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When you photograph kids and families, "you're recording a piece of history," says renowned photographer Douglas Kirkland in Douglas Kirkland on Photography: Photographing Kids and Families. In this course, Douglas discusses the art of photographing kids ranging from toddlers to preteens, both alone and together with parents and siblings. As he photographs close friends and family members, Douglas discusses the use of ambient light as well as LED fill light, and demonstrates shooting techniques in both informal and studio settings.
Generally, when I'm working with kids and families, I find it best to start with the available light. We went upstairs and we got a big bathtub up there, and there is a lot of light there. We have a lot of little toys around the edges. My wife Francoise has them there for kids when they come. She was so right, because it became a playpen. (video playing) It's quite important to have things that kids can relate to.
I mean, we have crayons around here and paper. I have one boy whom I photographed a number of years, Sean, he had one year that outer space was his passion, and the next year it was dinosaurs. If you can relate to them on their terms, a child for example with a toy or something like that, or something that they can participate with, they have their communication running with you. (video playing) Here is Jack. He comes in, and he was a little frightened at first too, but Christian put him into the tub with James, and he started to light up and smile.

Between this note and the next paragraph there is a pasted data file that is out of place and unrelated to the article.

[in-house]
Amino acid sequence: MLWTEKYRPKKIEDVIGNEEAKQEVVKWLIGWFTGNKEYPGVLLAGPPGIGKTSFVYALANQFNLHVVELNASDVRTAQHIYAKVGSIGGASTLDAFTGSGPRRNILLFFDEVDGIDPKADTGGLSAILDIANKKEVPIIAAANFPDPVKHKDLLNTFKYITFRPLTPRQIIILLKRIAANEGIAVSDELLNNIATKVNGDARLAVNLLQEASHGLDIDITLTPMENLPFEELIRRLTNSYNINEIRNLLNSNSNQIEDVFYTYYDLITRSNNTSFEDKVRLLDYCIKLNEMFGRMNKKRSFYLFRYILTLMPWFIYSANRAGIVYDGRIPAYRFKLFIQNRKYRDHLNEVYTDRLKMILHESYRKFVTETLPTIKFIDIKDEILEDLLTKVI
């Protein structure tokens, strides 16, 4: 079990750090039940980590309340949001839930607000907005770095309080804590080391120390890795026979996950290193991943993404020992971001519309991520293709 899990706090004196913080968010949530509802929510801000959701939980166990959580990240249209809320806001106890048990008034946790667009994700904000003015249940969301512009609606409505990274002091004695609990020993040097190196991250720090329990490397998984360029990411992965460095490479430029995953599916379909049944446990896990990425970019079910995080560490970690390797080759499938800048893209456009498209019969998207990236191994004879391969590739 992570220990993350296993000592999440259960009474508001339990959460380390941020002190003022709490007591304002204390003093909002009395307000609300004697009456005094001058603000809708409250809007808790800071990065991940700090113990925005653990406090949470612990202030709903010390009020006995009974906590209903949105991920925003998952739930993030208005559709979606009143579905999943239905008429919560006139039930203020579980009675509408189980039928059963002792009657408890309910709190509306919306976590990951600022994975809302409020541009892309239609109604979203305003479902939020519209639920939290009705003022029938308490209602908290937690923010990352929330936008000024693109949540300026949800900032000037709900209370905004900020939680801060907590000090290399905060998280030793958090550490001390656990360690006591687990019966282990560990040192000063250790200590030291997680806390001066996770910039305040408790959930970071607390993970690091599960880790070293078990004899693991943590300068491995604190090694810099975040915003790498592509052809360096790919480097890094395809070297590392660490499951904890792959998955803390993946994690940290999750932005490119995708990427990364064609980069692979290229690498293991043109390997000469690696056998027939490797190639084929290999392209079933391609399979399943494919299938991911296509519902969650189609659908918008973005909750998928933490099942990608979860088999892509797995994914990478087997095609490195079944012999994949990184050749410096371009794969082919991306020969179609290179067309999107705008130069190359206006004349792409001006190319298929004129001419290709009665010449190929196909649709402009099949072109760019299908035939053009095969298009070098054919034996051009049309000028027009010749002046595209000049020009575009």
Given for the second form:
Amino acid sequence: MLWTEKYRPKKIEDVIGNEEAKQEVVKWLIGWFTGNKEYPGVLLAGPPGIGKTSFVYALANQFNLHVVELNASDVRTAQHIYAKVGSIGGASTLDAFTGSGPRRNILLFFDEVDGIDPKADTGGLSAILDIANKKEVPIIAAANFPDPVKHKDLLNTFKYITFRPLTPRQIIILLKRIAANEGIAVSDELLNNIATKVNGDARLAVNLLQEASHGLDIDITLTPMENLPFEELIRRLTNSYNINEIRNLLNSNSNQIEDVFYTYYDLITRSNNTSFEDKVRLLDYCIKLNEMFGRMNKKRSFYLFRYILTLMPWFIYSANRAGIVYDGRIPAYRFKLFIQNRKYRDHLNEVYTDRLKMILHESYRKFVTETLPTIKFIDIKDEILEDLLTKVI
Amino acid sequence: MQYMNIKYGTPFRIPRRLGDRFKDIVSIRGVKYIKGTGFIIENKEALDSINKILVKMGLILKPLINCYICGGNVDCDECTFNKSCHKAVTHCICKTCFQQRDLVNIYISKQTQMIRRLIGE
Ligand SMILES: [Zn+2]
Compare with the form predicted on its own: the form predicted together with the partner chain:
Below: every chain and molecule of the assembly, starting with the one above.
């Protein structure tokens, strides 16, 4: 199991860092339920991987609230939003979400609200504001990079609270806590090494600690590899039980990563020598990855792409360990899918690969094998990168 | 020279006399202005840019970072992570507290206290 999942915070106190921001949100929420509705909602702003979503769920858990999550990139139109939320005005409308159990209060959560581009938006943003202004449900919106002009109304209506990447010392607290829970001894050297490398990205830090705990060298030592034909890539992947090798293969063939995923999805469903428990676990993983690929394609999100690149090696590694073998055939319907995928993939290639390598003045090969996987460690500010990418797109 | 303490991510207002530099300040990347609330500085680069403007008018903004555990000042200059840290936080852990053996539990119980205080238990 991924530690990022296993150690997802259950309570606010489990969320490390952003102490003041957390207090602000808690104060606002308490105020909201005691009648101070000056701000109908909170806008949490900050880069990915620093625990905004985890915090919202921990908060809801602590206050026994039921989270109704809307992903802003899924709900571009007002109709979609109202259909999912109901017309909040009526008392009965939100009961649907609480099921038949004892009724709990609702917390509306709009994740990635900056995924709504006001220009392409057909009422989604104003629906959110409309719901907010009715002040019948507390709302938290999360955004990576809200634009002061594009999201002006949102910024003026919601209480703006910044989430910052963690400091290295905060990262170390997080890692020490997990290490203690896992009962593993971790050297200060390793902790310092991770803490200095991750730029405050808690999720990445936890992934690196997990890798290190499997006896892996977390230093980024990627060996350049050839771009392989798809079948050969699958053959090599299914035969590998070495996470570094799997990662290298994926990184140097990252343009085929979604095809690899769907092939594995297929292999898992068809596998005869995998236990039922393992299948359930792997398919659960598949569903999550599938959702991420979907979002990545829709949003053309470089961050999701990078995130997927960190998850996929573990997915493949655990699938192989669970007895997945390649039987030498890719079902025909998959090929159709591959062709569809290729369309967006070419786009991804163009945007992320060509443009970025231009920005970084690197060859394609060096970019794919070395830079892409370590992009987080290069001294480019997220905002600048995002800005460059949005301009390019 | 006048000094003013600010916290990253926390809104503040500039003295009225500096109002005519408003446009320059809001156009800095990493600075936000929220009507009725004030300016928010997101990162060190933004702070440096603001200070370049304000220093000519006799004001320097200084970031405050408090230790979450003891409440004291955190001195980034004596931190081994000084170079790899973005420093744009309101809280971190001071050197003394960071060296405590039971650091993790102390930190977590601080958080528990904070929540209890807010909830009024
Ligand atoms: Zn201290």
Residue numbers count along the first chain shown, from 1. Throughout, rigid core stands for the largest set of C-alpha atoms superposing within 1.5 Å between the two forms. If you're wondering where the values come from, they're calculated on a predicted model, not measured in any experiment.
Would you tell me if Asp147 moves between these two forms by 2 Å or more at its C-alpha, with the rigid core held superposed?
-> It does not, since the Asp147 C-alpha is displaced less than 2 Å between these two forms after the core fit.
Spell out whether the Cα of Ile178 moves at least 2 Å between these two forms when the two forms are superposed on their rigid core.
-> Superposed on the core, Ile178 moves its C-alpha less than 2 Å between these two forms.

(video playing) And this one point he got a little frightened, but that was taken away pretty quickly, because his dad came and held him for a minute. And then James came over and started talking to him. I was just working quickly. I shot a lot of pictures very fast.
Normally I don't shoot rapidly, but I did with these kids, because I kept seeing good pictures. I had a zoom lens at 24-105. There was quite a bit of light there. So I was on what's a fairly high ISO for that. I was at 1250, and my shutter speeds were running at 250th of a second, at 56. What I liked about that place is the light outside would be blown out a little bit--that was intentional--and be overexposed probably two or three stops, at least. I wanted it to be a little more fairly like, more like a nursery.
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